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Protests in Sudan Mirror Turkey as Funeral Demonstrators Are Tear-Gassed

Around 1,000 people marched in Khartoum, protesting at the funeral of a student killed by police. They received more brutality in return.

by Alice Speri
Mar 12 2014, 6:00pm

Photo via Getty

While the world watched the funeral of 15-year-old Berkin Elvan in Istanbul, another funeral took place in Khartoum, and the similarities between the two deaths were remarkable.

In Sudan, like in Turkey, large crowds took to the streets after the death of a young man killed by police. And in Sudan, just as in Turkey, the protests against police brutality were met with tear gas and yet more police brutality.

Ali Abakr Moussa Idris, who studied economics at the University of Khartoum, died on Tuesday following a demonstration by a few hundred students who were denouncing the unraveling security situation in Darfur. Dozens have been killed in the troubled region in recent weeks in fighting between rebels and security forces.

At the Khartoum protest, police dispersed the demonstrators with tear gas and live ammunition. Idris died in hospital after sustaining gunshot wounds during the rally, in which several others were also injured, one severely. More than a hundred people were arrested.

On Wednesday, police once again fired tear gas at protesters who had gathered for Idris’s funeral. About 1,000 people marched in the capital, some carrying flags and chanting, "killing a student is killing the nation," Reuters reported. Others in the crowd threw stones at police.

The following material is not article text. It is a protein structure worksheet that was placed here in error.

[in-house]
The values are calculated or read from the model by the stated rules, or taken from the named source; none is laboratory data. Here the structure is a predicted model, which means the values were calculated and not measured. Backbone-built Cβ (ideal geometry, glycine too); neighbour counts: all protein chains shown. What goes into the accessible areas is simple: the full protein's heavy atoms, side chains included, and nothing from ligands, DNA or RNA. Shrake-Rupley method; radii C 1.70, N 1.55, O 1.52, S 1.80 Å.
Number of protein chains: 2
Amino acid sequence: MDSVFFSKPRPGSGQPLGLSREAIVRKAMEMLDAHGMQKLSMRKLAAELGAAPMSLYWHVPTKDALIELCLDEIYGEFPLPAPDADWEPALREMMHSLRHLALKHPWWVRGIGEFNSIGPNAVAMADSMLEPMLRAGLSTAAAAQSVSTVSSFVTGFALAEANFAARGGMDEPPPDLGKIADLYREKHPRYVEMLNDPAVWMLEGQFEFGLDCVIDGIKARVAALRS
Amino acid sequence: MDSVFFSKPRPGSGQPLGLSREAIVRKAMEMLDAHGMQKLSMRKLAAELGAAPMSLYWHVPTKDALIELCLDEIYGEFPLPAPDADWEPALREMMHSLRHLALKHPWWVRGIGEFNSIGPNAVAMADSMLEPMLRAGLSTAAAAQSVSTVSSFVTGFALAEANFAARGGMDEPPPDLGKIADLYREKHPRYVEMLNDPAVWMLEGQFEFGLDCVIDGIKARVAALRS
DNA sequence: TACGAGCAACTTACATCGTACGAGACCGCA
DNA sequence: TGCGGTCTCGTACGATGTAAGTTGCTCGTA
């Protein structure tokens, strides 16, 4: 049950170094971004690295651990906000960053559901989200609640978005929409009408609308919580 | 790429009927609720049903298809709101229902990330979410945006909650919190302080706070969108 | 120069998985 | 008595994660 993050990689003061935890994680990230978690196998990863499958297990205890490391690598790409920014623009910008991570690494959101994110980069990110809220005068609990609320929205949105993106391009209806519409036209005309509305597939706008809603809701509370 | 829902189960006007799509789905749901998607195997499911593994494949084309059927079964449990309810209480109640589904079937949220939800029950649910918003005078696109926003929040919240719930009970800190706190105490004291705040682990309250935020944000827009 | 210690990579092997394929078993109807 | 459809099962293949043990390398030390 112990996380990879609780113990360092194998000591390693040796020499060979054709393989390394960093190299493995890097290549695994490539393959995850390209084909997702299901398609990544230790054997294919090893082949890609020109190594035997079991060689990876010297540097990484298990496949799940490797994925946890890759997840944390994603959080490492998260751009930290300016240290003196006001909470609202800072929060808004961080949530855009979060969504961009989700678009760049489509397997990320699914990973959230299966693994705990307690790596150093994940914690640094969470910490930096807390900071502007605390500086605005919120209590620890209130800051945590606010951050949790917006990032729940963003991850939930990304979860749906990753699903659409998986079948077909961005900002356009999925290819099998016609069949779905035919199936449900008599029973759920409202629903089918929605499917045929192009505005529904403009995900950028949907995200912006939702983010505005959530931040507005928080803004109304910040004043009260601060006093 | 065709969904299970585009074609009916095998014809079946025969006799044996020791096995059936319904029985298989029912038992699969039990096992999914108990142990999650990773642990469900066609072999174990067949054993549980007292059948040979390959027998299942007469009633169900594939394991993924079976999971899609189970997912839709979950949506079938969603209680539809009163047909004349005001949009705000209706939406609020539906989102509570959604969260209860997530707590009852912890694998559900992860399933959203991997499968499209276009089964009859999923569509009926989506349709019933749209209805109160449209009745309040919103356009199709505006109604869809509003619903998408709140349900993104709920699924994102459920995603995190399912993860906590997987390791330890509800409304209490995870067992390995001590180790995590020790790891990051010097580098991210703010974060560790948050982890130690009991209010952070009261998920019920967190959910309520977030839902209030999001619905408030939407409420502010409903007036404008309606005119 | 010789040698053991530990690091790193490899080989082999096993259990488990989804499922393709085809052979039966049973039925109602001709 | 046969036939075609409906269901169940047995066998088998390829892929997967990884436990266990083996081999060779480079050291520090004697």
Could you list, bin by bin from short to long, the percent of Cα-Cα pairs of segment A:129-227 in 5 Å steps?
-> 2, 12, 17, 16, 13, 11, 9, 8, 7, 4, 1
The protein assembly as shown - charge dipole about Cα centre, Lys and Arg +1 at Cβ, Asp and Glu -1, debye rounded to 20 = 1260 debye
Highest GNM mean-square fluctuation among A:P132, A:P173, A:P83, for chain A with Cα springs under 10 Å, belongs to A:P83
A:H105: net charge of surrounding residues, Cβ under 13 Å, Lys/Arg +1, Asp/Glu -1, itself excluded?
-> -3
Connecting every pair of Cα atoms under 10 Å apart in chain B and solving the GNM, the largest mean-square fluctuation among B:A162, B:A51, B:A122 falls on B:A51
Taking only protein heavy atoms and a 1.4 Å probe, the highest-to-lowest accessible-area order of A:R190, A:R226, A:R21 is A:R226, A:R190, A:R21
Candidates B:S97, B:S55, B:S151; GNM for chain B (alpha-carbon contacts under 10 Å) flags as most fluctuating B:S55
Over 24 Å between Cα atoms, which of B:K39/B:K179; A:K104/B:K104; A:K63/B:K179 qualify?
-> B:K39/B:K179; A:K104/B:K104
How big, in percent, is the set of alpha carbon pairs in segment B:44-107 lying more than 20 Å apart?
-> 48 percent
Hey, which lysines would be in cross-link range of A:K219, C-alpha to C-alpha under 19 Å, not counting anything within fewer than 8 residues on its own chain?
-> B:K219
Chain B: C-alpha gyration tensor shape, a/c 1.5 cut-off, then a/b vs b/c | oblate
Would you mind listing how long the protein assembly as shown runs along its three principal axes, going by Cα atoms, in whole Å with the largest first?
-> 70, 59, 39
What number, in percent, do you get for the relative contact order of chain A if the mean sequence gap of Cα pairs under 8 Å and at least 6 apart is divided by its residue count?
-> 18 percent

"With the killing of this student, Bashir has lost his legitimacy,” protester Hussein Yassin told Reuters. “We'll go out to protest until we topple him.”

The videos below show Idris’s funeral procession.

Video uploaded to Facebook by Nazim Sirag shows angry crowds at the funeral of a student protester killed by police.

Video uploaded to Facebook by Nazim Sirag shows protesters at the funeral of Ali Abakr Moussa Idris in Khartoum.

Human rights observers criticized police’s violent response to the student protests.

“The authorities must rein in the security forces and prevent them from using such excessive force in violation of international law and standards,” Netsanet Belay, Africa Director of Research and Advocacy at Amnesty International said in a statement.

Sudanese authorities have routinely used too much force against mostly peaceful demonstrations over the last two years, the human rights watchdog said.

The University of Khartoum has a long history of student activism and authorities’ raids and crackdowns on campus are not unusual, the Paris-based Sudan Tribune website reported. Following the clashes, the university has suspended classes until further notice.

Meanwhile, the situation in Darfur continues to deteriorate. Thousands of people have fled the escalating violence in recent days, amidst reports of looting and burnt villages.

Earlier this week, UN Secretary General Ban Ki-Moon issued a statement condemning the violence.

"Since late February, fighting between rebel groups and local militia in South Darfur has left thousands of people homeless," Ban's spokesperson said. "The Secretary General urges all parties to immediately cease hostilities and negotiate a peaceful settlement to these conflicts."

Follow Alice Speri on Twitter: @alicesperi